I really thought today was the day with the inclusion of "Retina Display" on their "best selling Mac", the new 13" MacBook Pro. I expected to hear how crisp, how clear, and gorgeous the text is on the new MacBook Pro for reading iBooks.
  9. macrumors 6502

    Mar 10, 2012
    Oh! Excellent! I hope that's the case. I didn't see the commercials because I had to stick to the Engadget liveblog while I was in class rather than watch the livestream. Thanks!
  10. macrumors 65816


    Jul 23, 2008
    Dumb question but since I started the video of the event late...

    What does continuous scrolling actually mean?
  11. macrumors member

    Jun 6, 2011
    still no refresh to the app according to the app store. 2:36pm est
  12. macrumors 6502

    Nov 2, 2006
    Arlington Heights,IL
    I think it means instead of "turning" the page in iBooks, you scroll down like when reading something on a web page.
  13. macrumors 6502a


    Apr 18, 2010
  14. macrumors 603


    Oct 28, 2007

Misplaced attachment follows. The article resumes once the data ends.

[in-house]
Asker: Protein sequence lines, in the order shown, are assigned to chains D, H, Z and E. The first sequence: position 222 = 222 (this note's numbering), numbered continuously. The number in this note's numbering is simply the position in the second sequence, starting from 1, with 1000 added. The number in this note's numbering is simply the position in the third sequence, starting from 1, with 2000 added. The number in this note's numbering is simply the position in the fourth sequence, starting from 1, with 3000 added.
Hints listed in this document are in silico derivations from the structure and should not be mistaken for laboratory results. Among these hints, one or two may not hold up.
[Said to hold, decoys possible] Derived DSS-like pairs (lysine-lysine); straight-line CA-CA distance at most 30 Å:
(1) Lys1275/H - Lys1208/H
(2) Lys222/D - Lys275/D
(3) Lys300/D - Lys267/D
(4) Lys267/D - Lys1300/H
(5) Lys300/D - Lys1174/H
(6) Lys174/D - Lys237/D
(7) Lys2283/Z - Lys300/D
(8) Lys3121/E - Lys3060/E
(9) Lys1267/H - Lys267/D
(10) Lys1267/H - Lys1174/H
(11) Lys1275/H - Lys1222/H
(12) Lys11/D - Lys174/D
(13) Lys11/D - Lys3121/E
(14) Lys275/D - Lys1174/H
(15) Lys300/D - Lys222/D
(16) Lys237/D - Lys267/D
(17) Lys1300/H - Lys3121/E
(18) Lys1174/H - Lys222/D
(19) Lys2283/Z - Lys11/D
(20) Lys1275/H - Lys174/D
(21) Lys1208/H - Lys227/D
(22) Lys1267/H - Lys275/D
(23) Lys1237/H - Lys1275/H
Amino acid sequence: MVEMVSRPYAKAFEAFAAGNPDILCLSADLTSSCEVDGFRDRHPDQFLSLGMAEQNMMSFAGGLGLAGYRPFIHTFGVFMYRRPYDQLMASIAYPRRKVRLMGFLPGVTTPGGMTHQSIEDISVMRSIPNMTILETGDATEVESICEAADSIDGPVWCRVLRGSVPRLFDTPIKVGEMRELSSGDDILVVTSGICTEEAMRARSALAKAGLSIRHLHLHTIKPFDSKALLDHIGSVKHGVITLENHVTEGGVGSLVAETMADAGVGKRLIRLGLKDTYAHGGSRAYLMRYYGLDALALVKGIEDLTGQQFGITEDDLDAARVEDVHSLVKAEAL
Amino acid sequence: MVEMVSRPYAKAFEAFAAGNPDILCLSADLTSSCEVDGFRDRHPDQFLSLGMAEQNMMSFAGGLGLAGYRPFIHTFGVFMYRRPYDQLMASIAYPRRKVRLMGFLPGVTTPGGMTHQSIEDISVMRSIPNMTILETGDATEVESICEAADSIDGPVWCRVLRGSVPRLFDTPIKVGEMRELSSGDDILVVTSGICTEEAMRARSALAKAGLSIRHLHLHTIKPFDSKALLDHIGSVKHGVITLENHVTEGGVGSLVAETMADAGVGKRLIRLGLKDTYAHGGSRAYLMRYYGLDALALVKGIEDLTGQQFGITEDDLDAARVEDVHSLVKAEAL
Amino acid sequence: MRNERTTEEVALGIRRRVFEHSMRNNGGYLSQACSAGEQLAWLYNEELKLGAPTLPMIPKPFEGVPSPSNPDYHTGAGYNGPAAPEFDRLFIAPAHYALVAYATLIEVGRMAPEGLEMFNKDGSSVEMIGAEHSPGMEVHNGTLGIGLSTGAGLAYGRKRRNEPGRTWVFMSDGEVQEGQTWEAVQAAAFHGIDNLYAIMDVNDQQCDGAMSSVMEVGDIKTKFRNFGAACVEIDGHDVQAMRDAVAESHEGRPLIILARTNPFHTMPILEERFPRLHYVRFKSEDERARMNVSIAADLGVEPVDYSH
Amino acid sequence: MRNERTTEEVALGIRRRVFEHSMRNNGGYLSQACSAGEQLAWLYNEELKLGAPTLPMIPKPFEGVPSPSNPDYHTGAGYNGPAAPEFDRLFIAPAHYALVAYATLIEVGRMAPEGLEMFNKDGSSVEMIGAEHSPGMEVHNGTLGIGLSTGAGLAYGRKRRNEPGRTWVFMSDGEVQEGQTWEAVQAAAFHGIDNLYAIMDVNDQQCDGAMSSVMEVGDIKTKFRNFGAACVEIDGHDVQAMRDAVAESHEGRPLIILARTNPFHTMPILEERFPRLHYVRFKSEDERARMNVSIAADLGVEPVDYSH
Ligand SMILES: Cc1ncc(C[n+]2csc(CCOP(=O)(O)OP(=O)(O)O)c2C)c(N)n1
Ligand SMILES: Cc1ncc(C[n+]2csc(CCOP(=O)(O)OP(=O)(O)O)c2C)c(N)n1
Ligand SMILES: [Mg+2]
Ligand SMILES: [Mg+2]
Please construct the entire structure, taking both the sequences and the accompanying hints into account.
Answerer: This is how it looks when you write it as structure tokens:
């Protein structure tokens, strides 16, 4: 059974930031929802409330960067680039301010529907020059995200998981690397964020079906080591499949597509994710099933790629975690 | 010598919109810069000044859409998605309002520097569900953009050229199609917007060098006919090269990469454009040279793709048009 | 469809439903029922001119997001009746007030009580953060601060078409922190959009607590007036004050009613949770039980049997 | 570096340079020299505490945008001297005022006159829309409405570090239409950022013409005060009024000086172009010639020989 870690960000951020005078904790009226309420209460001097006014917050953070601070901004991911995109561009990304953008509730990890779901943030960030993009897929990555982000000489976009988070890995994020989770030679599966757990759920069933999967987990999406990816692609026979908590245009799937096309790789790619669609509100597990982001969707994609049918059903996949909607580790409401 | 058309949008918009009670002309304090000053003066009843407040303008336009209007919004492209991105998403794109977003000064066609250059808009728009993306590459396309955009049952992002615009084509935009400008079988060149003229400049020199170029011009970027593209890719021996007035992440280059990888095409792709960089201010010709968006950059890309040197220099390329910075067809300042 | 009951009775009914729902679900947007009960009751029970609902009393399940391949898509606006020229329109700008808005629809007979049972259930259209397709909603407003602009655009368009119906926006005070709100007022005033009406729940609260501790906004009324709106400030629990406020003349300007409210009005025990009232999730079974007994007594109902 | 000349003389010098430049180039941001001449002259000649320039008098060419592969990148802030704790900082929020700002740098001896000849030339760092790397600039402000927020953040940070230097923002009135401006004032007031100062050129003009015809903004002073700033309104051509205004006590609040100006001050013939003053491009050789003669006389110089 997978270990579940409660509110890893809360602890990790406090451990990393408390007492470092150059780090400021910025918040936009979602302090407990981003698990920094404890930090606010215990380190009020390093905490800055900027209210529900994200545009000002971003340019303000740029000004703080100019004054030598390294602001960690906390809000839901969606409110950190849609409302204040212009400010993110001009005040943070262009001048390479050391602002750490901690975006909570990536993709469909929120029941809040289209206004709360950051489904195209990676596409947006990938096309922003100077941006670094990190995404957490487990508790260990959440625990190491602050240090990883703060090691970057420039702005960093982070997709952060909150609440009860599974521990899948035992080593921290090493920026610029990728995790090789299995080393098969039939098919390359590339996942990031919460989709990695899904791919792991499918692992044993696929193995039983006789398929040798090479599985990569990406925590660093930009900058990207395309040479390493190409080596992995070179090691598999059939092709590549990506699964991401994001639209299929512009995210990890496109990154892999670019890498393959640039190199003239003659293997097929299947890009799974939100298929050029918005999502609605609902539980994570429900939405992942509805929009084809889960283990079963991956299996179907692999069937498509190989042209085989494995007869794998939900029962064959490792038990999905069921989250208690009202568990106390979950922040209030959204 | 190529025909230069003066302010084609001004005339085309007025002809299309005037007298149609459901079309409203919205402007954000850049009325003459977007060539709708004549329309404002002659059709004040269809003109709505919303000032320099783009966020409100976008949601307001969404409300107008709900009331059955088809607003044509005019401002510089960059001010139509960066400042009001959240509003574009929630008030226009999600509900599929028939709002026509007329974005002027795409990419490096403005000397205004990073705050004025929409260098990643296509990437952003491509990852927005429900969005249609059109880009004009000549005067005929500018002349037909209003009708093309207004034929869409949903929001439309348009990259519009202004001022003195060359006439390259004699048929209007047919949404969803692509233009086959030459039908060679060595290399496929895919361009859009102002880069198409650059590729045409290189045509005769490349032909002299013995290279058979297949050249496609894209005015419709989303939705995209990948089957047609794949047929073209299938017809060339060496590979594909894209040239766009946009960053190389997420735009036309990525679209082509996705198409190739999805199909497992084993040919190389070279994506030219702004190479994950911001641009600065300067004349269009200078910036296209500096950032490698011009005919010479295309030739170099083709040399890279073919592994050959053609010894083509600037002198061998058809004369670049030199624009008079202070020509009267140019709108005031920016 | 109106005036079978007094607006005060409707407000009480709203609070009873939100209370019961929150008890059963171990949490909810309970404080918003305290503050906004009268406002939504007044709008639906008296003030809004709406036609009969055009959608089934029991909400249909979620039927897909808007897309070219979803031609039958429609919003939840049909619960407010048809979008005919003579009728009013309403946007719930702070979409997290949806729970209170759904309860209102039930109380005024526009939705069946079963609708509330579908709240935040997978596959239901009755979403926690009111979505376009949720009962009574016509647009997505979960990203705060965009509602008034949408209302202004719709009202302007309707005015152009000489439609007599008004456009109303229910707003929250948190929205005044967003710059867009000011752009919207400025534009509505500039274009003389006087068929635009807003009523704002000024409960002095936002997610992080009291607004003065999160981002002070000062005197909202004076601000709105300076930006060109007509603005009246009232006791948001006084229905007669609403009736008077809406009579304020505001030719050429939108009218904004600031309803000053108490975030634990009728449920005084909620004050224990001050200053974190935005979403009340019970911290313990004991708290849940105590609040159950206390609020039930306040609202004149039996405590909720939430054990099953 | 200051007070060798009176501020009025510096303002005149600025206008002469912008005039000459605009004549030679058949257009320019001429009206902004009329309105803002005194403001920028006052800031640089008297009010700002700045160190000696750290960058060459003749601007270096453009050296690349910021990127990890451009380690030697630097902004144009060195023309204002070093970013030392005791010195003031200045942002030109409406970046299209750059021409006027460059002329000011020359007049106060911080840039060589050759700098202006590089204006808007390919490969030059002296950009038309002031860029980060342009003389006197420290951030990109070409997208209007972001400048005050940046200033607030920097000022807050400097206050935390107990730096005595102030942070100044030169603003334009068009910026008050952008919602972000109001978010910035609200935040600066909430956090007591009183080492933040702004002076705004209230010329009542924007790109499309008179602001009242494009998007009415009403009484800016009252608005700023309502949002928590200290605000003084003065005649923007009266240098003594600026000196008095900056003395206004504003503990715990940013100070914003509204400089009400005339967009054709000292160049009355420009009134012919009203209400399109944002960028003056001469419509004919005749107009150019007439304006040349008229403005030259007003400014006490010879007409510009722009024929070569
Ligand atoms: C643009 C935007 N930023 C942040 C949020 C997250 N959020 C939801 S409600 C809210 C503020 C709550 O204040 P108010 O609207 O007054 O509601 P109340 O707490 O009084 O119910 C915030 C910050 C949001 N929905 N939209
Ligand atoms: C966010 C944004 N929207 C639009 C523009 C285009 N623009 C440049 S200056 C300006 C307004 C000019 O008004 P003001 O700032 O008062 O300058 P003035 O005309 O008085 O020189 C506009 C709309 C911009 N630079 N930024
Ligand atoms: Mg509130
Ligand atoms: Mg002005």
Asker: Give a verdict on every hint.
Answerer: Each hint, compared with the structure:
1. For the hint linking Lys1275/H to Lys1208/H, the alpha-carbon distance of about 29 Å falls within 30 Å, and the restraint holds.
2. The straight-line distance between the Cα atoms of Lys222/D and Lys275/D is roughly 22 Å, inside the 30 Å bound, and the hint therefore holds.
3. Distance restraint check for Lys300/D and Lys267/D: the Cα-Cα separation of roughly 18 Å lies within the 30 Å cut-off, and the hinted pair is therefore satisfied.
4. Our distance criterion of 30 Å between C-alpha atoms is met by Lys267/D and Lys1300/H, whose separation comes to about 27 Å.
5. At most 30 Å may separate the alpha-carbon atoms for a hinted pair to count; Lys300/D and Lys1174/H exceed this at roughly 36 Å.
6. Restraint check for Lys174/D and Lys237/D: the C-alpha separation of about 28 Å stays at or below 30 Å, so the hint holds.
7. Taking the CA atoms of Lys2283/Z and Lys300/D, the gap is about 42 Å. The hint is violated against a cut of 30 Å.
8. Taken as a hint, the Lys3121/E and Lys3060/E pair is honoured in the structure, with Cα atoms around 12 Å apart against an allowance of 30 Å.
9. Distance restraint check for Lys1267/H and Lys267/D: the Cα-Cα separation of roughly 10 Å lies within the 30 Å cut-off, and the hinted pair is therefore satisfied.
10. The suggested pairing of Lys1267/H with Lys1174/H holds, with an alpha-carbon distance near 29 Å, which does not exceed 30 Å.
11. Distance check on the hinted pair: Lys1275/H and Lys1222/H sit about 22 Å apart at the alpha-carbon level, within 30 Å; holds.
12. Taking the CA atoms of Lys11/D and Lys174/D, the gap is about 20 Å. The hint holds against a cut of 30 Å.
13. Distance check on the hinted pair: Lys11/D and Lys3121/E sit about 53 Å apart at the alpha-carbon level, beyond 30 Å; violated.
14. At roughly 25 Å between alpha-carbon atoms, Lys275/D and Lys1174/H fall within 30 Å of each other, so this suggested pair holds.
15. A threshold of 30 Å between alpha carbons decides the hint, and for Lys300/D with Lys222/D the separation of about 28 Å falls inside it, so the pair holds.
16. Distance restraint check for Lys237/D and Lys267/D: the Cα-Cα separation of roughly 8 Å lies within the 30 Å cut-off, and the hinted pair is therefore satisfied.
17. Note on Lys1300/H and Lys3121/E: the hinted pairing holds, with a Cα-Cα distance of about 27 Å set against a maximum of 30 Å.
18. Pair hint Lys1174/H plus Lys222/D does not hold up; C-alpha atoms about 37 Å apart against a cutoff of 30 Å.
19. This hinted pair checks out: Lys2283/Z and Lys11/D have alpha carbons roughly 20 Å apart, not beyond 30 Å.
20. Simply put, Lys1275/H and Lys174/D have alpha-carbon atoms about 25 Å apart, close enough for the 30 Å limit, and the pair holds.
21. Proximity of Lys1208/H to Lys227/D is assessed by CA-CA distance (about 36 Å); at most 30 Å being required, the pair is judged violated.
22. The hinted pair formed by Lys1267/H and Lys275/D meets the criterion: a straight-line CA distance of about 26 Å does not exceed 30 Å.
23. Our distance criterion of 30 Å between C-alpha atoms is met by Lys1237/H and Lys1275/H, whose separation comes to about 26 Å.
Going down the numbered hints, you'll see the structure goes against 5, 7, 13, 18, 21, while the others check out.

I think you would be pleasantly surprised. It's really not as bad as you think, especially if you are reading in bed.
  15. macrumors 604

    Sep 23, 2003
    Nah, just pointing out it's not a profanity.
  16. macrumors newbie

    Dec 30, 2011
    No future

    Apple is making a big mistake by not making iBooks available on OS X. Personally, I will never purchase a book from Apple unless it's readable on my iMac. I know quite a few students with MacBooks of varying ages who would love to have textbooks on their computers. There's no way that these students are going to purchase an iPad just to be able to buy books from Apple, they can barely afford the books themselves. Apple is missing out on a great opportunity.
  17. philipk, Oct 23, 2012
    Last edited: Oct 23, 2012

    macrumors 6502

    Jun 11, 2008